Voters in 10 battleground congressional districts strongly back a plan to extend the George W. Bush-era tax cuts only for families earning less than $250,000 a year, according to The Hill 2010 Midterm Election poll.
The survey of likely voters in 10 states found rare bipartisan support for the position of President Obama and Democratic Party leaders, who oppose extending the tax cuts for the top income brackets.
Sixty-three percent of respondents said they backed an extension of the tax cuts only for income brackets below the $250,000 mark, more than twice the percentage of people who said they were opposed.
The support for continuing the so-called middle-class tax cuts was consistent among Democrats (65 percent), Republicans (64 percent) and independents (63 percent).
The Bush tax cuts, which are set to expire at the end of the year, have become a political flashpoint in the race for control of Congress. While Obama and most Democrats want to extend the current rates for middle-income families and let those for the top earners rise, Republicans have pushed to extend all the tax cuts, arguing against any tax increase in a fragile economic recovery. Democrats say extending the tax cuts for the wealthy would explode the budget deficit by $700 billion over a decade.
The Hill poll, conducted last week by the firm Penn, Schoen and Berland, found a sharply different political dynamic depending on how the tax cut question is worded.
Respondents who were asked simply if they favored or opposed “extending the Bush tax cuts” — without specifying the income bracket — broke along party lines. Republicans were strongly in favor, by a margin of 82 percent to 10. Independent voters also supported an extension of the tax cuts, 58 percent to 30 percent opposed. By a nearly 2-to-1 margin, however, Democrats opposed a general extension. Fifty-eight percent of Democrats responded in opposition, 28 percent favored the extension and 19 percent — nearly one in five — were undecided.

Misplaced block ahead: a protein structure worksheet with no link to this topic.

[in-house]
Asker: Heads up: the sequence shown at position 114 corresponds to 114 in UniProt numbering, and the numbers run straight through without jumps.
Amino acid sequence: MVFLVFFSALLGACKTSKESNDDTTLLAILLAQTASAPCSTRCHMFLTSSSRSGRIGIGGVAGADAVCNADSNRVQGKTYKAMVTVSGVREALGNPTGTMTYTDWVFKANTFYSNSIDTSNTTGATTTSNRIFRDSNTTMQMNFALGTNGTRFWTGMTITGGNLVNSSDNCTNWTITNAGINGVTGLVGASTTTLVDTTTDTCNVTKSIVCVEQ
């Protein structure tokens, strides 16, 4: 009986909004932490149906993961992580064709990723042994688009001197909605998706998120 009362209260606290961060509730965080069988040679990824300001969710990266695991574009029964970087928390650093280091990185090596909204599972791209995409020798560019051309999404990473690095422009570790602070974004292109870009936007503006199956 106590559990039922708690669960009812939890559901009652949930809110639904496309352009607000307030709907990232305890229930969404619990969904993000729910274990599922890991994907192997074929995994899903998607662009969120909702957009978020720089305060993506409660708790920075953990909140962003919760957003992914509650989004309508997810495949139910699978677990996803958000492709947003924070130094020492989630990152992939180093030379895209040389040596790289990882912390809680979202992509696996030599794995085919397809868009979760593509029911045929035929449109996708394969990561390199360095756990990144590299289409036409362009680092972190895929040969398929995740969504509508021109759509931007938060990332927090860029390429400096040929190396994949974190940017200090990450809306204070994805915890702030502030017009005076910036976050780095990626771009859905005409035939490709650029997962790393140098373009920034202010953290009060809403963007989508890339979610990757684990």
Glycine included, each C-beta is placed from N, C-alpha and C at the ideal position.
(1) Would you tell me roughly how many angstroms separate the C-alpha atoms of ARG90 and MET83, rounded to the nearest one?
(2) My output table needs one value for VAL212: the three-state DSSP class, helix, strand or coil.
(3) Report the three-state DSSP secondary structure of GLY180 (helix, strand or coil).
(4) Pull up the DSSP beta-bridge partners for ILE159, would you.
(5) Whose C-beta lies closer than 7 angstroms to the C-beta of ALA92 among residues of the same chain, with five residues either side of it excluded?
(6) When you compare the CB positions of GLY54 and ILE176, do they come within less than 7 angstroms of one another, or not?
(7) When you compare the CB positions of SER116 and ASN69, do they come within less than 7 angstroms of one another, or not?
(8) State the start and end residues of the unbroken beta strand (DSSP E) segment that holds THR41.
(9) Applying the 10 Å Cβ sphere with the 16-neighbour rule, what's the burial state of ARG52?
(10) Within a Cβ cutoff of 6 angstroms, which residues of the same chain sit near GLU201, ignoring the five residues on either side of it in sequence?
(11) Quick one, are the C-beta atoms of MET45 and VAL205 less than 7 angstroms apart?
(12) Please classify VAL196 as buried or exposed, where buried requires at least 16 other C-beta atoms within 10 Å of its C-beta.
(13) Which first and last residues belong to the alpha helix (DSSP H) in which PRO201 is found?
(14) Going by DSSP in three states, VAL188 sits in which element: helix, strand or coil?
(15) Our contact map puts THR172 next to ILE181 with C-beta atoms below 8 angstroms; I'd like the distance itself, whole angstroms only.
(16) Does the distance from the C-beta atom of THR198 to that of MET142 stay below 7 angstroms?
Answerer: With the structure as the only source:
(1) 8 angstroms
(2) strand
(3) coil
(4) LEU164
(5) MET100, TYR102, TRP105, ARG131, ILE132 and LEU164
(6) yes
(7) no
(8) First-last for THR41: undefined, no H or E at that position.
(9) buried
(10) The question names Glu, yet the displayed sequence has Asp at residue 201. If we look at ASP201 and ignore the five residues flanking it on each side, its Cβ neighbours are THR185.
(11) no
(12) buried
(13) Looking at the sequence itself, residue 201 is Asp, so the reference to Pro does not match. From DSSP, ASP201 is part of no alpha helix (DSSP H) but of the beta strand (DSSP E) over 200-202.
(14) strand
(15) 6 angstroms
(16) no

When the $250,000 threshold was used, the partisan split disappeared.
The pollsters asked half of the respondents the general question about the tax cuts and asked the other half the more specific question of whether they supported an extension only for families earning $250,000 or below. No voter received both questions.
While the poll suggests that Democrats have voters on their side, they may have missed their opportunity to take full advantage. Lawmakers debated holding a vote on extending the middle-class tax cuts before the election, but opposition from Republicans and disagreement among Democrats led them to punt the issue until a lame-duck session in November. Republicans criticized Democrats for leaving town, even as the GOP fought a plan that would extend some, but not all, of the tax cuts.
Democrats “left many people not knowing what the tax rates will be next year,” said G. Terry Madonna, a professor of public affairs and director of the Franklin & Marshall College Poll in Pennsylvania.
House and Senate leaders have pledged to address the Bush tax cuts, including those on capital gains and estates, before the end of the year.
Led by Democratic pollster Stan Greenberg, some strategists urged the party to seize on the tax-cut issue. A poll conducted by Greenberg in September that tested both the Democratic and Republican messages gave Democrats a strong advantage. Like The Hill survey, the Greenberg poll found support for extending the middle-class tax cuts while letting those for top earners expire.
Top national party leaders, including Obama, have pounded Republicans on the tax-cut divide, portraying the GOP as the party of the wealthy while insisting that Democrats represent the interests of the middle class. But many Democratic candidates have not focused as much on the issue in their effort to avoid nationalizing their individual campaigns, Madonna said.
“They are running away from Washington,” Madonna said. “They’re not talking about Washington policy at all.”
Some Democratic candidates have also joined the GOP in backing at least a temporary extension of all the Bush tax cuts.
The Hill poll found solid bipartisan support for extending only the middle-class tax cuts throughout the 10 congressional districts. In each of the districts polled, a clear majority of Republicans favored the limited extension, with the closest margin coming in New Hampshire’s 2nd district, where 53 percent of Republicans responded favorably. In two districts — Tennessee’s 8th and West Virginia’s 1st — a higher percentage of Republicans than Democrats favored keeping only the middle-class rates in place.